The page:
HELENA – Millionaire real estate mogul Tim Blixseth, who won a key tax ruling against the Montana Revenue Department this week, said Thursday he plans to sue the state and others for hundreds of millions in damages.
Blixseth, in a teleconference with reporters, also repeated his allegation that Montana’s $57 million tax claim against him was orchestrated by former Gov. Brian Schweitzer, to aid owners of the exclusive Yellowstone Club in their legal battle with Blixseth.
“We intend on holding Montana and the Yellowstone Club Liquidating Trust, which is side by side and shoulder to shoulder with Montana, responsible,” he said. “We intend on going after damages. …
“This is a high-stakes game. There are billions on the line. They did what they did, and they were not successful.”
State revenue officials said they plan to appeal Wednesday’s ruling by a federal bankruptcy judge in Las Vegas that Montana cannot use a tax debt to force Blixseth into bankruptcy.
State Revenue Director Mike Kadas also rejected Blixseth’s claims that the state or Schweitzer colluded with the Yellowstone Club owners.
“Mr. Blixseth has alleged this conspiracy theory before numerous tribunals and has never received a ruling in his favor,” he said. “(His) allegations are, and have always been, only that: Unsubstantiated allegations, stories without any foundation in reality.”
Blixseth, 62, was the founder of the Yellowstone Club, a private ski and golf resort near Big Sky.
In the mid- and late 2000s, Blixseth, other club members and their financers became entangled in a messy legal battle for control of the club. A Boston-based group of investors eventually bought the club out of bankruptcy in 2009, for $115 million, and later won a $41 million judgment against Blixseth.
Blixseth, as club owner, also got a $375 million loan from bank Credit Suisse in 2005 and used much of the money to buy expensive properties around the world and other items for his personal use, according to court rulings.
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Montana revenue officials said Blixseth had “misappropriated” the loan proceeds from Credit Suisse and therefore owed incomes taxes on the amount, totaling $57 million by 2010. Interest on the taxes owed has accumulated at 8 percent a year since then, the agency said.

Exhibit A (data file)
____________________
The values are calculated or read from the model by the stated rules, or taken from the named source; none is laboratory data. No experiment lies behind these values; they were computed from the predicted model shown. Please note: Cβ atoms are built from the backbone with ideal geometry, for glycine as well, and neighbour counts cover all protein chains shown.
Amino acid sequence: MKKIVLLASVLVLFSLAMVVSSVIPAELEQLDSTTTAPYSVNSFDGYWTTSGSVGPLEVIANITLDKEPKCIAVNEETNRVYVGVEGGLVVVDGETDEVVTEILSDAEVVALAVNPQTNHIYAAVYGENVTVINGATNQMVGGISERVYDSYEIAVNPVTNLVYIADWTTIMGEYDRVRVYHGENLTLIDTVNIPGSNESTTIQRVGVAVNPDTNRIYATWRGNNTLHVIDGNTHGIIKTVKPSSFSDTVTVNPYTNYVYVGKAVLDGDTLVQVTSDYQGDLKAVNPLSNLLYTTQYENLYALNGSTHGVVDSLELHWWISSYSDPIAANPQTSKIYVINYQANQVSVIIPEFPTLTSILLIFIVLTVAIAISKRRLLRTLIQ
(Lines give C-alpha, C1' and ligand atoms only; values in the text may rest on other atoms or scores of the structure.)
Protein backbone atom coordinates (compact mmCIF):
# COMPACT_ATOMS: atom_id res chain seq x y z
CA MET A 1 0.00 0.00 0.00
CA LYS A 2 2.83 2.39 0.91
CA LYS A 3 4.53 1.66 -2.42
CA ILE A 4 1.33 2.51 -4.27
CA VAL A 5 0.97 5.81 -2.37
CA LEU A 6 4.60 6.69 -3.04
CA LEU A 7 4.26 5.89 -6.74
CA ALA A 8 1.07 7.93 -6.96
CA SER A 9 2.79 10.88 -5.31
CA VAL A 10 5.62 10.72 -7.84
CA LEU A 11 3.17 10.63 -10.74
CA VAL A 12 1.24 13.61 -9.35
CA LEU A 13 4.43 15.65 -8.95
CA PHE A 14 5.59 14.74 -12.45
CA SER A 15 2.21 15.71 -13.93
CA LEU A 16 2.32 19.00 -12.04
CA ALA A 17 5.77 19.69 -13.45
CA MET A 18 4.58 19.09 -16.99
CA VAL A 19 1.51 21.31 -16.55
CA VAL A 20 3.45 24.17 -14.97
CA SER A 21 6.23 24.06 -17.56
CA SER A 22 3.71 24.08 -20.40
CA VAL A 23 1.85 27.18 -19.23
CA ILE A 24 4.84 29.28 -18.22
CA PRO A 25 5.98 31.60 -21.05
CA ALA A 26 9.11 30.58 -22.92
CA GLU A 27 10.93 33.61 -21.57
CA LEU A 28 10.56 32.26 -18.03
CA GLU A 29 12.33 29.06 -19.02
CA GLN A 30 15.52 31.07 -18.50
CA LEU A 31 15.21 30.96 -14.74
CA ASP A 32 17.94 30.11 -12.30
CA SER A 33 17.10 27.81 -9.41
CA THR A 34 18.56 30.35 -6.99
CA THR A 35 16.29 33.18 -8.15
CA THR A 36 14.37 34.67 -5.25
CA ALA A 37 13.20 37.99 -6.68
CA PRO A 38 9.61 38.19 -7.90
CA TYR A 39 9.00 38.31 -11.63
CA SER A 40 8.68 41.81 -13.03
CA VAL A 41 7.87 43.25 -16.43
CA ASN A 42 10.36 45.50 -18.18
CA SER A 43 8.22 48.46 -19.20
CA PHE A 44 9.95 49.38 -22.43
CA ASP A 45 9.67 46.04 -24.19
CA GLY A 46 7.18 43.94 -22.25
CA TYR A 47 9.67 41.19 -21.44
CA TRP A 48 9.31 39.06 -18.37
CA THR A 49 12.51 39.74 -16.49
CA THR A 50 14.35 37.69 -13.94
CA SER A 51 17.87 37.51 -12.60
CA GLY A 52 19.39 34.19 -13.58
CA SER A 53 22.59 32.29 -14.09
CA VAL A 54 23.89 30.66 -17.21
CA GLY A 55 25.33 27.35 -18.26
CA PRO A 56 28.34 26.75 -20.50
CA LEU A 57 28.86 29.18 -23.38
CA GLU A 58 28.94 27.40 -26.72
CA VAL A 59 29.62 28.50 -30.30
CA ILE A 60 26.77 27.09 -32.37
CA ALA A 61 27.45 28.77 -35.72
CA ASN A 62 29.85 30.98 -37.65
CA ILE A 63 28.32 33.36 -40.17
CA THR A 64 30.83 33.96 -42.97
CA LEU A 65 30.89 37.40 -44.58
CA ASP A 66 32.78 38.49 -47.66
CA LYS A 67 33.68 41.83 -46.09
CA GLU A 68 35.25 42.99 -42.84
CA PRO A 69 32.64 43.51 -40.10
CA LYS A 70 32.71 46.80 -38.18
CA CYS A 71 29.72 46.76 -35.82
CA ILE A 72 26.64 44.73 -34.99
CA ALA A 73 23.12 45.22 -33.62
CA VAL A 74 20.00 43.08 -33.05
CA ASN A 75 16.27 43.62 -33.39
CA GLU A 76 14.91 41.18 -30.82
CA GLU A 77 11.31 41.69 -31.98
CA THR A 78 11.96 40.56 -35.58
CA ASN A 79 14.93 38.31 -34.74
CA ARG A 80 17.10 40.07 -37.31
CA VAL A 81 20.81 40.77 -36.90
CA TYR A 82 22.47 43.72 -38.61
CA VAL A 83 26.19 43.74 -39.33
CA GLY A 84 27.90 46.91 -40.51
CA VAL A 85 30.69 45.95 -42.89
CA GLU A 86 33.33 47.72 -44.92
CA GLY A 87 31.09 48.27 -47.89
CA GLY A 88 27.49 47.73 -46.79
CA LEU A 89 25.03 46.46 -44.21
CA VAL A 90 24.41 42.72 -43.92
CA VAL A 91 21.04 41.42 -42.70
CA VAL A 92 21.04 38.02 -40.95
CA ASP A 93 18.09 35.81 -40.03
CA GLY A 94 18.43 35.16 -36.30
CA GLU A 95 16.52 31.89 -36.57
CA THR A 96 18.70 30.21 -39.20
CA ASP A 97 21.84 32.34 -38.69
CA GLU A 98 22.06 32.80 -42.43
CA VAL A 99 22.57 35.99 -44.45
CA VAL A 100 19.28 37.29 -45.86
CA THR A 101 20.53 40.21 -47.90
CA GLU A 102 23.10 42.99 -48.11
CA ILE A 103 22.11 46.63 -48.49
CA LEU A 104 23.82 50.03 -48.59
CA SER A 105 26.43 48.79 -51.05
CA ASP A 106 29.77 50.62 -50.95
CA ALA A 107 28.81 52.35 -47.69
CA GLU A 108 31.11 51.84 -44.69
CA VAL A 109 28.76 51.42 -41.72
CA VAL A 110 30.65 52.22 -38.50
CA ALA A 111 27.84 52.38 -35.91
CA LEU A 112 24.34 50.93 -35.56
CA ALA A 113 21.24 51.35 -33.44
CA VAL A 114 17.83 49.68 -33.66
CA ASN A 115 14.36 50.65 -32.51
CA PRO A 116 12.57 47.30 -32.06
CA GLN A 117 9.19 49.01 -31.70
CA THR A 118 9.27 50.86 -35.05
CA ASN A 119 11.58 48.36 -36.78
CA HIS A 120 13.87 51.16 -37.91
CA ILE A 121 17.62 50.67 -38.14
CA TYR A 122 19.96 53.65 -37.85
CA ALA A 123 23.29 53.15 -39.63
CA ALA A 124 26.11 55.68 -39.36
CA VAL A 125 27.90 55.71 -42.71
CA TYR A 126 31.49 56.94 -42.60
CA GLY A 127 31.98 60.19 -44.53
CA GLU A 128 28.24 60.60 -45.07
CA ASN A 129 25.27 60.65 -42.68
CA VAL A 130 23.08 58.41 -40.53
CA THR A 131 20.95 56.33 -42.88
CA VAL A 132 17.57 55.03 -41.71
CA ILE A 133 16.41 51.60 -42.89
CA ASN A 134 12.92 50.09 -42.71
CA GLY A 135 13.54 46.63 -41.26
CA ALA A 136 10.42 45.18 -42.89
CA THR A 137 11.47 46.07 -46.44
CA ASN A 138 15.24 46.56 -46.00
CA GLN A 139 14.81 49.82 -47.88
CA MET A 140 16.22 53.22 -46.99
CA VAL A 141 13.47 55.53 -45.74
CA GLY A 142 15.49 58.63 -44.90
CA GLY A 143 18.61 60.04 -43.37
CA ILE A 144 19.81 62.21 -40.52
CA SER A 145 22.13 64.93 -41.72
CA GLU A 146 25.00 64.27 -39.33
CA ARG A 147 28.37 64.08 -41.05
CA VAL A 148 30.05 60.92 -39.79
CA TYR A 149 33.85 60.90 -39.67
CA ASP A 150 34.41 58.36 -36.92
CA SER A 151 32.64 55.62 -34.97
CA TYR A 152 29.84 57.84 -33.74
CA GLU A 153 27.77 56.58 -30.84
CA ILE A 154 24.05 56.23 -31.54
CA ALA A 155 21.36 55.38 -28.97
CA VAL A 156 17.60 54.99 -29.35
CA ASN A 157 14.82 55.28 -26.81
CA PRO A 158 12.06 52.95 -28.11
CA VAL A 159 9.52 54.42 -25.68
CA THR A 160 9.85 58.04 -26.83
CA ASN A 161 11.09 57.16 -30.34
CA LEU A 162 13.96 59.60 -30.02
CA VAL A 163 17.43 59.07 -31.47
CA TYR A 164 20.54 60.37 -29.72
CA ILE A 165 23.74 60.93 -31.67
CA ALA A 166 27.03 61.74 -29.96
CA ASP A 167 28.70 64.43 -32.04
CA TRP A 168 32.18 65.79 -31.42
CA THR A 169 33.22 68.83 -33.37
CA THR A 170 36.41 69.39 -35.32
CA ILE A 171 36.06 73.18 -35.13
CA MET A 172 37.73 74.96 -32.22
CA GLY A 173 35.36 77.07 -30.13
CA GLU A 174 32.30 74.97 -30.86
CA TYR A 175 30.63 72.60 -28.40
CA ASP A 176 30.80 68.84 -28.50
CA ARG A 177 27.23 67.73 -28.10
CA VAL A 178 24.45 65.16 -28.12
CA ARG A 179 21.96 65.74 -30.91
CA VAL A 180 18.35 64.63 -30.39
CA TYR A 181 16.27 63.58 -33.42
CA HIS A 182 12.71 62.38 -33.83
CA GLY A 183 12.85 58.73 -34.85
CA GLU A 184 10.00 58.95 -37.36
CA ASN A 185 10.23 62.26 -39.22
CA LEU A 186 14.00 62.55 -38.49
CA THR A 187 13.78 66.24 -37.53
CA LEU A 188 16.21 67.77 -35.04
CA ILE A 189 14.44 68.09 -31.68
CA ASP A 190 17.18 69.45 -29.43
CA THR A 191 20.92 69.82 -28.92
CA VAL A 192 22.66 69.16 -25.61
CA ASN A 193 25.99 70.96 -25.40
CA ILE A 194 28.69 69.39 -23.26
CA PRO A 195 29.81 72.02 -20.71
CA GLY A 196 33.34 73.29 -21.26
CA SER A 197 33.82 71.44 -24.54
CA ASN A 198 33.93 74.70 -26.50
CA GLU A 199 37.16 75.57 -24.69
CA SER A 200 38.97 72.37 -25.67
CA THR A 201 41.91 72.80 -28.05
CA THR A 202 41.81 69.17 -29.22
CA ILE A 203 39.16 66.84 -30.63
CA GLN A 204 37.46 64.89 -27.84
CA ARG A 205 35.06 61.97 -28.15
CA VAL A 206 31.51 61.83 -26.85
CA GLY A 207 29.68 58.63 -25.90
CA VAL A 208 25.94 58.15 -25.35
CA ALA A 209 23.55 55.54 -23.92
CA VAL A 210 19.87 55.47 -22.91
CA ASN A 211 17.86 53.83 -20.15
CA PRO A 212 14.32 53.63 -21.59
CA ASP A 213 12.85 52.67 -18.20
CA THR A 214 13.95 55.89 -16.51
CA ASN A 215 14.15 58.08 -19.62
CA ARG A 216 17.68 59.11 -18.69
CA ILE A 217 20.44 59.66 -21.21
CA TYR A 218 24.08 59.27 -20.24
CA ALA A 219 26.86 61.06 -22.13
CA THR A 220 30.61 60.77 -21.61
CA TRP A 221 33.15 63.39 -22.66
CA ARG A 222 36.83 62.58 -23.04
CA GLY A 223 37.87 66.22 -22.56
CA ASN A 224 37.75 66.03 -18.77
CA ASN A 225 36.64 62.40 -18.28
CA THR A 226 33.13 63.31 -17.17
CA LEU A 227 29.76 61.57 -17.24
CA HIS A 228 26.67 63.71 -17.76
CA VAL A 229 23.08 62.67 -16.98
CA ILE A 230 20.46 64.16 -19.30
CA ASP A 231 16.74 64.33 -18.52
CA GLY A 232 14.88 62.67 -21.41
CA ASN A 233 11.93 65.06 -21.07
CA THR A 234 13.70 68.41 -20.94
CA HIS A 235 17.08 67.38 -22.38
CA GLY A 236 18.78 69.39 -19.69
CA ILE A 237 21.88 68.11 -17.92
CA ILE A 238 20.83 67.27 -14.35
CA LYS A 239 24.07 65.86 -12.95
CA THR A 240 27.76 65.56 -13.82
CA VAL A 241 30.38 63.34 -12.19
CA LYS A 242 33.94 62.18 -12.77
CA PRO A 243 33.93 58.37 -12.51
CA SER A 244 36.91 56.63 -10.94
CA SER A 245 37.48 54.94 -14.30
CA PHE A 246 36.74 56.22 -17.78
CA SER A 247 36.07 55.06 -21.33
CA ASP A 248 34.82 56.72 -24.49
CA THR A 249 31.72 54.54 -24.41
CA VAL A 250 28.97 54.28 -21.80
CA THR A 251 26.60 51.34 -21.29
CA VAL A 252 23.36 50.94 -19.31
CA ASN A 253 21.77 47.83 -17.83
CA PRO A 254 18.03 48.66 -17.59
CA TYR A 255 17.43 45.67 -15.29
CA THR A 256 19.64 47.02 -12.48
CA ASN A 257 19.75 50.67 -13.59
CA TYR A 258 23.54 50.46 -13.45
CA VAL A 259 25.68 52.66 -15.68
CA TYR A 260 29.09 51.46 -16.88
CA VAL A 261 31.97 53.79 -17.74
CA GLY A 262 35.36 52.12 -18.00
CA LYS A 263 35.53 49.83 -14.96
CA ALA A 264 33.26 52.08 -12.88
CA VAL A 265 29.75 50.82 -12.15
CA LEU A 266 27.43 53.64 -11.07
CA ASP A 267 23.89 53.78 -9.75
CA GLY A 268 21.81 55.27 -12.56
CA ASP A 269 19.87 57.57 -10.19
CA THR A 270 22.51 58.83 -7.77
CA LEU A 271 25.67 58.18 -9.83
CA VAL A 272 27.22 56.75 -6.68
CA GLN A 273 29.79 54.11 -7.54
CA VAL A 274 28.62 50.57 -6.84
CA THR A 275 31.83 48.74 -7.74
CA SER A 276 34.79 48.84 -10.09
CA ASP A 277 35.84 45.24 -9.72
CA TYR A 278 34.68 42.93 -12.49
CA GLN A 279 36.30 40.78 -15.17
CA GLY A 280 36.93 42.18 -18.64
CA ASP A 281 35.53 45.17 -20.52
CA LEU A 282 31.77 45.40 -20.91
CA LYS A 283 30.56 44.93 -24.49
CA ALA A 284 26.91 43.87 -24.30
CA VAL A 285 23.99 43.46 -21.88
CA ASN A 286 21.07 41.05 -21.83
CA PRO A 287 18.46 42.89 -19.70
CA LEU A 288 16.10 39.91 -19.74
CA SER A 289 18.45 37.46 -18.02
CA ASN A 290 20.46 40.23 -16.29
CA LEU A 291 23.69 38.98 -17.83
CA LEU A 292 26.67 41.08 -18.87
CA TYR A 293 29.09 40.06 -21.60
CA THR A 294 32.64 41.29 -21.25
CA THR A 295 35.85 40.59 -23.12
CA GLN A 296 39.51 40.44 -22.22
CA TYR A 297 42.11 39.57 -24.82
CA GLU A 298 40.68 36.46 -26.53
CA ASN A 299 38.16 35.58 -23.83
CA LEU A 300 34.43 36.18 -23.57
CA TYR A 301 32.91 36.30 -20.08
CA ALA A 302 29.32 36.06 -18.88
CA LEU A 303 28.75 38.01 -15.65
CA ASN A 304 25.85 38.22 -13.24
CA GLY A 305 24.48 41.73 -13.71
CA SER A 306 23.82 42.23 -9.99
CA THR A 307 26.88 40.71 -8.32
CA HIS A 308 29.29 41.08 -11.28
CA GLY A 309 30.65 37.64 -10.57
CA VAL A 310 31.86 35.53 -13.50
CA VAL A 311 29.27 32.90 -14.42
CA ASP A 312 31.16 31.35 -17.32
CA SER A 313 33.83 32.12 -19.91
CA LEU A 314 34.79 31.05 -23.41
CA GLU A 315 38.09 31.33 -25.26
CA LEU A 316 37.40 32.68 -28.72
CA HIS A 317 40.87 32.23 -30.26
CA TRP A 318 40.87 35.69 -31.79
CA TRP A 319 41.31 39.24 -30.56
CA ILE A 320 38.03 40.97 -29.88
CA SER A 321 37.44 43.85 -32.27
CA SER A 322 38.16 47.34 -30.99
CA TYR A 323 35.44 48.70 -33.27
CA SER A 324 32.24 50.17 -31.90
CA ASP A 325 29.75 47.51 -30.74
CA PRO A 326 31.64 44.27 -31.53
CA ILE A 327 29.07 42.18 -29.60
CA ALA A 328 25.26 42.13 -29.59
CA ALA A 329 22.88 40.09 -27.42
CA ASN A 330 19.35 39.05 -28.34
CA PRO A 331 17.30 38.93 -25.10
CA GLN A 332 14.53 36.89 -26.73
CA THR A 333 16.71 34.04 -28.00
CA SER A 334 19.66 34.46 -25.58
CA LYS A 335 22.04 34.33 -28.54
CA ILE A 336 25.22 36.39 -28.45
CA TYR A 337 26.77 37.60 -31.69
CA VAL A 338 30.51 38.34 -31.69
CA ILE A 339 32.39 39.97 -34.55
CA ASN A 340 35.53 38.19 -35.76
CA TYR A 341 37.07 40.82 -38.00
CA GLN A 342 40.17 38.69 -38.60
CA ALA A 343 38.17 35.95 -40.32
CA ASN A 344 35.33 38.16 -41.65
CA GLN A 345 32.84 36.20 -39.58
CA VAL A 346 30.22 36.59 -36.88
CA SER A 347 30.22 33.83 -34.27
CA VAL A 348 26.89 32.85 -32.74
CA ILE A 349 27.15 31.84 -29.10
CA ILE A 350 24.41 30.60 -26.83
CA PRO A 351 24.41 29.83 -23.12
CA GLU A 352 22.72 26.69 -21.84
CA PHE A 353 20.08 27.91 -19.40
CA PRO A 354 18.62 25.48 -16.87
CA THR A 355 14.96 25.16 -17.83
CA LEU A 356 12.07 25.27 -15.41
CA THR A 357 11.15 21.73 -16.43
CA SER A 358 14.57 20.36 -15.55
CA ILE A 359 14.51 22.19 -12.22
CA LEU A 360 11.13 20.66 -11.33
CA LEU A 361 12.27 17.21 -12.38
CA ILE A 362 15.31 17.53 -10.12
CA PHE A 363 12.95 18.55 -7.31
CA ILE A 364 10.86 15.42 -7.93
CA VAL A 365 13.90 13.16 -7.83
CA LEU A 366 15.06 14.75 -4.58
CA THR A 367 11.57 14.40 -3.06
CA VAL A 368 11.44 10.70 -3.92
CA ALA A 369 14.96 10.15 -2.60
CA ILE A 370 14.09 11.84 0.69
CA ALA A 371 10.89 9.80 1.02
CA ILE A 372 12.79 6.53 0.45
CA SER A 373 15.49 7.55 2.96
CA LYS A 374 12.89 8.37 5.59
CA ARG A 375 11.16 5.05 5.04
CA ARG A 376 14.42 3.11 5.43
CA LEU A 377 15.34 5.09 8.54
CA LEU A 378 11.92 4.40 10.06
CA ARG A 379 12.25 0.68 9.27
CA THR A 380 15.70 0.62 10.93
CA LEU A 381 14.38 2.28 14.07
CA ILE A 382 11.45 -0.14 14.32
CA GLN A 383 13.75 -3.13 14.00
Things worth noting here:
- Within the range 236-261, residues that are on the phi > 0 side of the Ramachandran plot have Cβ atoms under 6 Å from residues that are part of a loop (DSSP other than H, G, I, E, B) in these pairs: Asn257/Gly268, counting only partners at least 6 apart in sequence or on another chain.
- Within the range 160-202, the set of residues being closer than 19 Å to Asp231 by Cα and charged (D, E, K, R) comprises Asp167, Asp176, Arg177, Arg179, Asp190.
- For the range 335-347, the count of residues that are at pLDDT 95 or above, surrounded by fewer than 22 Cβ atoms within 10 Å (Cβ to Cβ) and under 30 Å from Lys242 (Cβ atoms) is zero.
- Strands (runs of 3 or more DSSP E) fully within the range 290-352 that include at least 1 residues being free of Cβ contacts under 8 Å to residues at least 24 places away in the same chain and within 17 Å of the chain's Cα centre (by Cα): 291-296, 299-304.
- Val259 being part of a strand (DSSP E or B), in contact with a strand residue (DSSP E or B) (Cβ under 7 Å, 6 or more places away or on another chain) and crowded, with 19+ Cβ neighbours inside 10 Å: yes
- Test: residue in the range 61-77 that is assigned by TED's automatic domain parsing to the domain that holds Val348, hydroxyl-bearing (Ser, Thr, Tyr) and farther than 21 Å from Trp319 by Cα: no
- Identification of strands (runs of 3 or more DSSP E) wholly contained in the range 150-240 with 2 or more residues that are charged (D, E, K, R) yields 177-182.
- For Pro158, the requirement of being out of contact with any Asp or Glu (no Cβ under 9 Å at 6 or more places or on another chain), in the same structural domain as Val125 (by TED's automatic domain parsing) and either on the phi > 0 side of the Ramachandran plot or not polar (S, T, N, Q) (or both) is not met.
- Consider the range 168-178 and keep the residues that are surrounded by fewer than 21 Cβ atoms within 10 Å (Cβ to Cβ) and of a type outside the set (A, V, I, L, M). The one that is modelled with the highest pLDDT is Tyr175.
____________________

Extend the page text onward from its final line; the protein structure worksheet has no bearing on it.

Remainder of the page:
In April 2011, the state filed a petition with U.S. Bankruptcy Court in Nevada, attempting to force Blixseth into bankruptcy so it could collect the money it said Blixseth owed.
On Wednesday, U.S. Bankruptcy Judge Bruce Markell ruled the petition invalid, because the tax amount is still in dispute.
Blixseth said the ruling clears the way for him to sue Montana and the Yellowstone Club’s owners for damages, and that he intends to do so soon.
Blixseth also alleged that Schweitzer, Montana’s governor from 2005 to 2012, orchestrated the 2011 filing of the petition as a favor to the new owners of the Yellowstone Club. If the petition had succeeded and forced him into bankruptcy, his counter-lawsuits against the Yellowstone Club owners and Credit Suisse would be blocked until the bankruptcy was settled, he said.
Schweitzer had a close relationship with the new club owners because in 2007 they had donated large sums to the Democratic Governors Association, which Schweitzer chaired and which later transferred funds to the Montana Democratic Party to help Schweitzer’s 2008 re-election, Blixseth alleged.
Neither Schweitzer nor the Yellowstone Club owners could be reached for comment Thursday.
Kadas, appointed as state revenue director by Gov. Steve Bullock, who succeeded Schweitzer this year, said the petition was filed as an attempt to recover the substantial tax debt owed by Blixseth.
Forcing Blixseth into bankruptcy appeared to be the “only foreseeable avenue” for the state to get payment from him, Kadas said.